That last sentence sounds a bit simplistic in some weird way, I'm not sure. Let me explain further. I think the best expressions of cinema are those that are unexplainable. I cannot explain why the Jaguar Shark sequence is so powerful at the end of Life Aquatic . I cannot explain to you how wonderful Tarkovsky's still life set-ups are throughout his films. We're not sure why we feel the way we do, and to try to describe those feelings would be silly. This only means that in these instances, we grant that cinema has come up with its own language, one that is purely cinematic, that is not held captive by literary analysis. If it is possible to come up with some different model by which we might describe cinematic language, I'm not sure. I'm also not well-educated enough with film theory to have a grasp on whether this has already been done well (I'm sure many attempts have been made).

I might stand behind a conjecture though: pure cinema taps into our deepest expressions of self, communal and spiritual awareness, and that we will never know exactly how that works (simply because, we did not make ourselves).

Thursday, January 11, 2007

Grey Gardens - Maysles Brothers (1976)

A documentary of particular note, Grey Gardens.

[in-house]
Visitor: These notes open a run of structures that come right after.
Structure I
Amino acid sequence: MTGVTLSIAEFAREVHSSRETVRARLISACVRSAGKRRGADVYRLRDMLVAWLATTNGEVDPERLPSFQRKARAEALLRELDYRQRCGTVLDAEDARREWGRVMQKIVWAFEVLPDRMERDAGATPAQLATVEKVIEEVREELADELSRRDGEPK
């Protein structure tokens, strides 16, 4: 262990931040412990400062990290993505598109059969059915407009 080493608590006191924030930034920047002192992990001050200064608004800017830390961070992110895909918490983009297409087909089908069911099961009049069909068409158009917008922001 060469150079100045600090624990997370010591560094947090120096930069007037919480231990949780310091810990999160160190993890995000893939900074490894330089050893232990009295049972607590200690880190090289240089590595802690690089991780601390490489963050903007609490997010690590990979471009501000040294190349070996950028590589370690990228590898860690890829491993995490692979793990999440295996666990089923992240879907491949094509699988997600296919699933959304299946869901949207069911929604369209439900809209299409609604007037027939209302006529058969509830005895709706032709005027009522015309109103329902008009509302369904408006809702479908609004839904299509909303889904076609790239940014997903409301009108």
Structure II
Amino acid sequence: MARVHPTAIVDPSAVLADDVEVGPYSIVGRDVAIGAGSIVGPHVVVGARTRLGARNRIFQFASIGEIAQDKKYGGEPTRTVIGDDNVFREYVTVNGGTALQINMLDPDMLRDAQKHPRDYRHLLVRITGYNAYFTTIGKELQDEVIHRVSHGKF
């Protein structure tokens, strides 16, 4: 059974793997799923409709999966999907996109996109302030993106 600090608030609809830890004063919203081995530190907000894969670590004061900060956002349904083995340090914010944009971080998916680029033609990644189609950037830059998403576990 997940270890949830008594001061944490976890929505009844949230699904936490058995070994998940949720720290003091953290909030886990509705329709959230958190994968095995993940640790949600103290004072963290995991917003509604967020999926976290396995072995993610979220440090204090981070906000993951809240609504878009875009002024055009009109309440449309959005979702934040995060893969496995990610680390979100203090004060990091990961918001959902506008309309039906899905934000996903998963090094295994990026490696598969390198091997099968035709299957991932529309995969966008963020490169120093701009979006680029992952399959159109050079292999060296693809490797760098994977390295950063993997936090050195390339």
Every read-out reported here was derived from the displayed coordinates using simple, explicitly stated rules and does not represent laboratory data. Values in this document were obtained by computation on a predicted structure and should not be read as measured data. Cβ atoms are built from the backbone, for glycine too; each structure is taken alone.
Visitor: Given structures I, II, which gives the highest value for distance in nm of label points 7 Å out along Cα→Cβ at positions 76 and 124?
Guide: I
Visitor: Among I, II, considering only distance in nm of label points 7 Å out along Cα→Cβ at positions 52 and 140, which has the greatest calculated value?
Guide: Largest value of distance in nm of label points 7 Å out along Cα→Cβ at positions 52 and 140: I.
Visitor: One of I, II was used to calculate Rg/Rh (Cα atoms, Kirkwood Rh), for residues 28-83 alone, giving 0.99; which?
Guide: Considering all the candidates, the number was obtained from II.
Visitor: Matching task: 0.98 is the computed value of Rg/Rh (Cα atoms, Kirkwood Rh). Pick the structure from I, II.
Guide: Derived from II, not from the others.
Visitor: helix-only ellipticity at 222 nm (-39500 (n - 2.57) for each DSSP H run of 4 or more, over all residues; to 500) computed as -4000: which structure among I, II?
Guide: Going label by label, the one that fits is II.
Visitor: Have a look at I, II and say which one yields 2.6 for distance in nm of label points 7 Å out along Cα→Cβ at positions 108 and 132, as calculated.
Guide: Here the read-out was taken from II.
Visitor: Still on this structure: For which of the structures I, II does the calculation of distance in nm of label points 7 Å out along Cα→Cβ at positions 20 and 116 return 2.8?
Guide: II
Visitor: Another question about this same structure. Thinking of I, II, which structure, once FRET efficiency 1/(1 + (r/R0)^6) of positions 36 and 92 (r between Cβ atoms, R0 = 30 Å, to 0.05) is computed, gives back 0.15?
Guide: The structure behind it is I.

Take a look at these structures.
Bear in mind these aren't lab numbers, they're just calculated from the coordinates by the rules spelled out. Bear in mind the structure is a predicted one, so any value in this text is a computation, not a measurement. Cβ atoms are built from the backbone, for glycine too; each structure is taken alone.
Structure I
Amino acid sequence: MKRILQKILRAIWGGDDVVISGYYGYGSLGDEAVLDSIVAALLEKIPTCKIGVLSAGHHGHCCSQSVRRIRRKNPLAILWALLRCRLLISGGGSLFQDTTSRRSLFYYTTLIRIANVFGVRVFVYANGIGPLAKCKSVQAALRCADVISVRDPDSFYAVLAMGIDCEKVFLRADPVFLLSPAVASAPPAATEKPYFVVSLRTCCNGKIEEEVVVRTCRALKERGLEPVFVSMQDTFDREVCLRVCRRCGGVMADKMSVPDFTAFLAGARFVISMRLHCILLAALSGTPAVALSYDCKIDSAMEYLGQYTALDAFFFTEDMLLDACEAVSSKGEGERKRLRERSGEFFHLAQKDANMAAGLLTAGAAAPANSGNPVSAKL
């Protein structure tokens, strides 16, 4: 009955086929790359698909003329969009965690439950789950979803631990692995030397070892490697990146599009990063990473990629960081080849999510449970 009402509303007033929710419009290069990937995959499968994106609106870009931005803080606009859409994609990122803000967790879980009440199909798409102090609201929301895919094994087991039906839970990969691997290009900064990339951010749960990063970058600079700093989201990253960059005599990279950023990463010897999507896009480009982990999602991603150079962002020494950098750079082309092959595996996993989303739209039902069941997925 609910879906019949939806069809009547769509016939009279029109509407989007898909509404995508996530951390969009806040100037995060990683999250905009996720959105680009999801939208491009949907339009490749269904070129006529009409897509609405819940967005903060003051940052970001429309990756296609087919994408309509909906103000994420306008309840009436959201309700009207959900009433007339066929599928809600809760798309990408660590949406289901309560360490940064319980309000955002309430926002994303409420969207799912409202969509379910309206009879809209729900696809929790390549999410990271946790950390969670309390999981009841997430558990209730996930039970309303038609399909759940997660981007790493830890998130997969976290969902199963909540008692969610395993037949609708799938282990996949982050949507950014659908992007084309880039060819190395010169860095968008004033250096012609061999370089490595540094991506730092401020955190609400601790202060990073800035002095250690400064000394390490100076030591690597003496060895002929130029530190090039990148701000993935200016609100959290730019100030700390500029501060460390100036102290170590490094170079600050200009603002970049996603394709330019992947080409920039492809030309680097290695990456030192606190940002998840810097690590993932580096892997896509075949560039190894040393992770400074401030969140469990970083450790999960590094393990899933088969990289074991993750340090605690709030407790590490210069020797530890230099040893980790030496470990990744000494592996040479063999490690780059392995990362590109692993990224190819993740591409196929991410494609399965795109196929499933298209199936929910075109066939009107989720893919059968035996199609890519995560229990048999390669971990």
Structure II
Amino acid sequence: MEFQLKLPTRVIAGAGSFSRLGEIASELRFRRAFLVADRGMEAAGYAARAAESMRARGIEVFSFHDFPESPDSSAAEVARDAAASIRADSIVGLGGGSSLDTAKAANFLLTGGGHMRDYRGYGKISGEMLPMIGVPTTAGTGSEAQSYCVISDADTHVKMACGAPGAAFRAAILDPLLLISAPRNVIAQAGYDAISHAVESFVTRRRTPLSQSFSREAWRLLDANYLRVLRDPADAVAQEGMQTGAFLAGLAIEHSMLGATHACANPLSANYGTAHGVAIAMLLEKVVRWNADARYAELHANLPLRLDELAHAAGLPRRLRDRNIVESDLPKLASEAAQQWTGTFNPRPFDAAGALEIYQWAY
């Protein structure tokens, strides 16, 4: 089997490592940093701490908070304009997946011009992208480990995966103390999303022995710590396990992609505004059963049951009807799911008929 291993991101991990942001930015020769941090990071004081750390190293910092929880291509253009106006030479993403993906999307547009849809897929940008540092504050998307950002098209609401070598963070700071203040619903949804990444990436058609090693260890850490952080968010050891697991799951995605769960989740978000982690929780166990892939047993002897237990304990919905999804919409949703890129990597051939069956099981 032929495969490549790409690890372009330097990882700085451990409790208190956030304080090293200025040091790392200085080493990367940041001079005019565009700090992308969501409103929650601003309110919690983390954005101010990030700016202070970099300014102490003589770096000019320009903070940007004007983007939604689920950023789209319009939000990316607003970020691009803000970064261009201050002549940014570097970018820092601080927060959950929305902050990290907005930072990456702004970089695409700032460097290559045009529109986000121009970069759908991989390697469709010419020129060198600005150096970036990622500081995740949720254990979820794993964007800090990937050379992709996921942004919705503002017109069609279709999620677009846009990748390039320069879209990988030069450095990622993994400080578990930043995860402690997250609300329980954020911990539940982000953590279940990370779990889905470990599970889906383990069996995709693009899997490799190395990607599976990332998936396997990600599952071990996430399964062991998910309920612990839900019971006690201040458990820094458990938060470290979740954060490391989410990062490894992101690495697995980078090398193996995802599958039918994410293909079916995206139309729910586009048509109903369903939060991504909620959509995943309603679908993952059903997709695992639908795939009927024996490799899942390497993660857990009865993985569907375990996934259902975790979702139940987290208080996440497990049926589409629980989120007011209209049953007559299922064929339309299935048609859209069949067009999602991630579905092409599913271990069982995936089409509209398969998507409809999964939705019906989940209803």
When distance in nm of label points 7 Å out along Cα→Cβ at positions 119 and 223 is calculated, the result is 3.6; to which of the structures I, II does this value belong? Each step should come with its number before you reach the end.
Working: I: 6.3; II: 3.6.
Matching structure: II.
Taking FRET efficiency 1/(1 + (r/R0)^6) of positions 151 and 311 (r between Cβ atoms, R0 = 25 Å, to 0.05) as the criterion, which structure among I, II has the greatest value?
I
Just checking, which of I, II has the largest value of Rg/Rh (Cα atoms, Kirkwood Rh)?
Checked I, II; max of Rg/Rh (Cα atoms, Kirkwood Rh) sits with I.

An old lady and her daughter (relatives of Jackie Kennedy Onassis) live alone in a huge, untended East Hampton house, eating ice cream and remembering the past. There is a passion and eccentricity that fill both of these women, and they fill this empty house. At times, the house seems too small for the both of them! Big Edie was an incredible singer, making records when she was younger, and also a mother of three (or four, I can't remember). Little Edie was a bombshell, a dancer and model, who rejected the men that got past her mother. Talking, always talking the both of them, and at the same time. Putting each other down, arguing about minor details from the past. Big Edie roosts in her bed as if it were a throne, cooking or looking at black-and-white photos, and always a word for her daughter. But she does it in such an unorthodox way, obsessively adjusting the brim of a floppy hat, peering through her bent glasses, that she comes off as a harmless old lady. We know that she has a hold on her daughter though: she has kept her daughter by her side for the majority of her daughter's adult life.